University of Essex
Fans of ASMR videos are more likely to be sensitive to their surroundings and feelings, University of Essex research has revealed. ASMR, which stands for Autonomous Sensory Meridian Response, has swept the internet with millions watching viral clips of whispered voices, delicate hand movements or tapping. Mysteriously only some people feel this relaxing tingling sensation that spreads down the spine.
Dr. Giulia Poerio, from the Department of Psychology, has discovered those who feel it are hypersensitive to the world around them. The research published in The Journal of Research in Personality uncovered that they are more bothered by noise and movement and are easily overstimulated. They are also more attuned to their bodily sensations such as noticing physical changes when experiencing emotions.
Dr. Poerio said: “It really is a double-edged sword. Highly sensitive people may be able to experience intensely pleasurable feelings like ASMR but this high sensitivity also has downsides.”
“For example, the noise of a pen clicking or someone chewing gum could set off a negative reaction, which others would simply ignore.” More than 500 participants were recruited for the study and assessed for ASMR experience and measured for sensory sensitivity.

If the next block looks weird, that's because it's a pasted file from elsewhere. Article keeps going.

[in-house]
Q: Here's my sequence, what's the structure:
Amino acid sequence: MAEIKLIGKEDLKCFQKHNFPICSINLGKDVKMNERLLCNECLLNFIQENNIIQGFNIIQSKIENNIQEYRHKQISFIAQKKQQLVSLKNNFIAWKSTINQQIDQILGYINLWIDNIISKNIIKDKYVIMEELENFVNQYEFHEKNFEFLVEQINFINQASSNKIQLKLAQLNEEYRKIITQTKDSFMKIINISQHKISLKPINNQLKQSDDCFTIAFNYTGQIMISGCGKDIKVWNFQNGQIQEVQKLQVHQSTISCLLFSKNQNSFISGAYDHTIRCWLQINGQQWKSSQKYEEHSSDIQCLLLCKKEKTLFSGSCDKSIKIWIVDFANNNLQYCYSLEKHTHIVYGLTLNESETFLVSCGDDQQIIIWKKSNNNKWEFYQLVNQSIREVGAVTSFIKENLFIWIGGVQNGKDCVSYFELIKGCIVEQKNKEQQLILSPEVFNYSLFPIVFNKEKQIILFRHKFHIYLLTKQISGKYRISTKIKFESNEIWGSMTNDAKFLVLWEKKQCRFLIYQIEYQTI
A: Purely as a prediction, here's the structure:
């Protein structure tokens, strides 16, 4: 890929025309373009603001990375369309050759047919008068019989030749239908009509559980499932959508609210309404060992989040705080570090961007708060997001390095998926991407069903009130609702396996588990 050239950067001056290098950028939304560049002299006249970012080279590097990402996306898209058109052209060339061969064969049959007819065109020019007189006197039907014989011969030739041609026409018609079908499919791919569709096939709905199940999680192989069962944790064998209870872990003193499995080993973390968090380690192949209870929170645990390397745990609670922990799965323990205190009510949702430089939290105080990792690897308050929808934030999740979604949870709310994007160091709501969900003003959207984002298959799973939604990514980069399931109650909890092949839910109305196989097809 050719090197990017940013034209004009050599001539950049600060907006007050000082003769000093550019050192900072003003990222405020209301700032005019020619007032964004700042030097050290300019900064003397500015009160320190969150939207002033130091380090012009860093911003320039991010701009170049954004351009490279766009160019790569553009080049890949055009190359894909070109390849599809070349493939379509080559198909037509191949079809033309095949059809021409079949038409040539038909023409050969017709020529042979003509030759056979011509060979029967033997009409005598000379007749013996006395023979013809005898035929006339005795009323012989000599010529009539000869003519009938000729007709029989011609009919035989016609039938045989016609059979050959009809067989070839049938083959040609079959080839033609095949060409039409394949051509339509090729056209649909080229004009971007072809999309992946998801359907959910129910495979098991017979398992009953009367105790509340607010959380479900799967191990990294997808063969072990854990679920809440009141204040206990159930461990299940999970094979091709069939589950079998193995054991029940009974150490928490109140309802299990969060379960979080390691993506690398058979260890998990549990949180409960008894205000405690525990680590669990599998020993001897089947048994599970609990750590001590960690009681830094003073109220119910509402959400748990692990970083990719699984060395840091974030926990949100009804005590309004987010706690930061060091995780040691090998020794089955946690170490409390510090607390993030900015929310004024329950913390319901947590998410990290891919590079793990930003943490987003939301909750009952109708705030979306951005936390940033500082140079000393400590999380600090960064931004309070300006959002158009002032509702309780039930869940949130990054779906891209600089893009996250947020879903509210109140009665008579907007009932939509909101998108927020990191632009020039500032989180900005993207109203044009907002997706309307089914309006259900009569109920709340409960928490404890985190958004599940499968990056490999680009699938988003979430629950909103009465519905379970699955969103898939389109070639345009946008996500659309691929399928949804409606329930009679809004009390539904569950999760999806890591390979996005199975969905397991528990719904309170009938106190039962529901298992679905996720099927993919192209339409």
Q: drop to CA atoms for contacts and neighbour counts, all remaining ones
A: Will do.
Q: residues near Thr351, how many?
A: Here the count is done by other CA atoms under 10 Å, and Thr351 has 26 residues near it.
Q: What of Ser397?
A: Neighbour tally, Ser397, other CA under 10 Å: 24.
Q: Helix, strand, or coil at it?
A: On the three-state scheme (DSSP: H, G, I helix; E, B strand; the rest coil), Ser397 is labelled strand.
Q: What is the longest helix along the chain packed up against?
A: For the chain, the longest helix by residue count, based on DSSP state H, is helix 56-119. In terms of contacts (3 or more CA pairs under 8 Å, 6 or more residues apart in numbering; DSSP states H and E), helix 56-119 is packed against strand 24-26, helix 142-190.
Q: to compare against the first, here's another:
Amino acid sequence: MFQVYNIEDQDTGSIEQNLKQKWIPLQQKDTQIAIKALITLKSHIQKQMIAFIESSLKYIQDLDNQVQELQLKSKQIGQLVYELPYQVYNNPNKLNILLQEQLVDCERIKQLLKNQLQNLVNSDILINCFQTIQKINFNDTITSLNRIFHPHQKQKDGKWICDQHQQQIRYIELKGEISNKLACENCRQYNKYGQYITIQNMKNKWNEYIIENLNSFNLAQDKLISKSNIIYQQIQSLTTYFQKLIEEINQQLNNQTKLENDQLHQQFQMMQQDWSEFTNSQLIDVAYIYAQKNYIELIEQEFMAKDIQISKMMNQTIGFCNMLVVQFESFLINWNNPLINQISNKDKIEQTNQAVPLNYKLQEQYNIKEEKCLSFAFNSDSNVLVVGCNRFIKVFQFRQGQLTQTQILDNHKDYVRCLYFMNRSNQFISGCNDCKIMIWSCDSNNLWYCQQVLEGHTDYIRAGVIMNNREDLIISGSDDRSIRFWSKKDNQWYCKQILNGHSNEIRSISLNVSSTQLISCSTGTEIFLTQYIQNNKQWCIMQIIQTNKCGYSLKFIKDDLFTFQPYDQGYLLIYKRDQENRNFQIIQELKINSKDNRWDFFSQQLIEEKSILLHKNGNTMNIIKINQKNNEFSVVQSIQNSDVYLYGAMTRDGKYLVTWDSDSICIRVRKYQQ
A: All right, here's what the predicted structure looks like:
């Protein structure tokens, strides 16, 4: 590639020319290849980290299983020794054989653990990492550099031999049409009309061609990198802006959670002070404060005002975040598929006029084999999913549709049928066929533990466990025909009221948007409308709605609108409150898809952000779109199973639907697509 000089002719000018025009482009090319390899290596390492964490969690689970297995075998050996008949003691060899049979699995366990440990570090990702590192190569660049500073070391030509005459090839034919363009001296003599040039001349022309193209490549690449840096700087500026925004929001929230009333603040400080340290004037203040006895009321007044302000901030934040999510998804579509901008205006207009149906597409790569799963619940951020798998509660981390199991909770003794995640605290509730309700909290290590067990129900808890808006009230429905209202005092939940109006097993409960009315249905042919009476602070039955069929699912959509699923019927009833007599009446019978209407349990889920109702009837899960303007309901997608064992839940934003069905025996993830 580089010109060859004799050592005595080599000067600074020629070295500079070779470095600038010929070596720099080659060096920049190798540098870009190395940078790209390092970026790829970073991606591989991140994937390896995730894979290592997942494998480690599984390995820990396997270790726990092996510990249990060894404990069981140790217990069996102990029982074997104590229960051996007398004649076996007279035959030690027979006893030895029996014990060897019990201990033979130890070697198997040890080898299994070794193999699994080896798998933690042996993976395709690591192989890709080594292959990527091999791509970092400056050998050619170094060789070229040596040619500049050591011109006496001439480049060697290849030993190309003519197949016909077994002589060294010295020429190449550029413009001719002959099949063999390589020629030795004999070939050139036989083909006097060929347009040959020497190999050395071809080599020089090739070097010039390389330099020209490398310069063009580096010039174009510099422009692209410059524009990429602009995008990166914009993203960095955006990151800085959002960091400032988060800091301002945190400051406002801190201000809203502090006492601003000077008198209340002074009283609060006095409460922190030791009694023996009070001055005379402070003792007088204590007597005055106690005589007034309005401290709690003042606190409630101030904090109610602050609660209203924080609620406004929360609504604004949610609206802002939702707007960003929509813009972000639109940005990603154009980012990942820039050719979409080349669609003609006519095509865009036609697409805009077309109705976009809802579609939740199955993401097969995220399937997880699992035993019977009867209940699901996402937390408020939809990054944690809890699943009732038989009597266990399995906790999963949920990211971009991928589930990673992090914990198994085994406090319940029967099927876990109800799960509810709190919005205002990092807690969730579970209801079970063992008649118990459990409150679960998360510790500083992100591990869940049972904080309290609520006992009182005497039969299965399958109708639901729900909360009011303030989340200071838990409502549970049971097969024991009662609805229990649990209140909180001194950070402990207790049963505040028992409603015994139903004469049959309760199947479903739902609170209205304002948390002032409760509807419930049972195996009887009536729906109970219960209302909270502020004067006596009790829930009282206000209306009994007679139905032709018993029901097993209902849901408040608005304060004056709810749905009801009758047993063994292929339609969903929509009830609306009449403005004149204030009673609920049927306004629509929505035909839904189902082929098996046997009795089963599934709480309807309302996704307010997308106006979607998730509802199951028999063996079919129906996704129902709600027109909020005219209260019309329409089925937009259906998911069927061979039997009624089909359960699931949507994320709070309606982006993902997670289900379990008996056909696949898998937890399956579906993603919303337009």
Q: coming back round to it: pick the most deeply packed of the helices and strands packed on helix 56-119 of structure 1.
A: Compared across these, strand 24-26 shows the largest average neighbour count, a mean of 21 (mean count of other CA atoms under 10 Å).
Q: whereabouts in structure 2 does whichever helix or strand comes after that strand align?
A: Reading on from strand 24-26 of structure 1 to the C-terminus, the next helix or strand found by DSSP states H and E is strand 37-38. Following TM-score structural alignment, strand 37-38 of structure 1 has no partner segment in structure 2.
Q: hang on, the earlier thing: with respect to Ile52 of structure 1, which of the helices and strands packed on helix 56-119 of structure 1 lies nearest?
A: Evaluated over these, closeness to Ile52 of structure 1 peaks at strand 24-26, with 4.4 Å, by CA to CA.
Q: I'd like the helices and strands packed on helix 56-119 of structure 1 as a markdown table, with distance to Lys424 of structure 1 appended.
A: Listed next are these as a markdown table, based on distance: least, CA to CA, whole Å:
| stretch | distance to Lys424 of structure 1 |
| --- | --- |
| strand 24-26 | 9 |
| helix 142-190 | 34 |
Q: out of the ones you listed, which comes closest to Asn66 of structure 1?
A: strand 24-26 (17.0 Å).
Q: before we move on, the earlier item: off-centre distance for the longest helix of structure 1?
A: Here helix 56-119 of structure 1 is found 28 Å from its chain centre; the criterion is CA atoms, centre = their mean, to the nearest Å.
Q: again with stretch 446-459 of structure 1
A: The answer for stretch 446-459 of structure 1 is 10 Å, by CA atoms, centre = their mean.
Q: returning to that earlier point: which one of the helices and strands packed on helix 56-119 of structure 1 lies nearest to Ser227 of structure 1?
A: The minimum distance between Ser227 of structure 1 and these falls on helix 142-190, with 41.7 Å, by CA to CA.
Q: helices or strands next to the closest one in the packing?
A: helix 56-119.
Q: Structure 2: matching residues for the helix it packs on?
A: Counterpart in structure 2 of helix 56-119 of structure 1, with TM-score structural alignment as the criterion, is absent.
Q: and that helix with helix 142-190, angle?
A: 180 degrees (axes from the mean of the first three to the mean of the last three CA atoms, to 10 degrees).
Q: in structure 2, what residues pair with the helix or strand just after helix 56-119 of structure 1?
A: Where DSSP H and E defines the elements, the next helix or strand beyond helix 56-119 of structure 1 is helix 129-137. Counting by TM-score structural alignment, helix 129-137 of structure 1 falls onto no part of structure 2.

Dr. Poerio now hopes to build on the findings with a view to explain how and why intensely positive emotions are experienced -which may lead to new therapeutic techniques.
“We know much less about positive emotions compared to negative ones, especially when considering complex emotional experiences like ASMR,” added Dr. Poerio, “I’m interested in trying to understand these under-researched emotions so that we might find ways of enhancing them in people’s everyday lives.”
1. Giulia L. Poerio, Safiyya Mank, Thomas J. Hostler. The awesome as well as the awful: Heightened sensory sensitivity predicts the presence and intensity of Autonomous Sensory Meridian Response (ASMR). Journal of Research in Personality, 2022; 97: 104183 DOI: 10.1016/j.jrp.2021.104183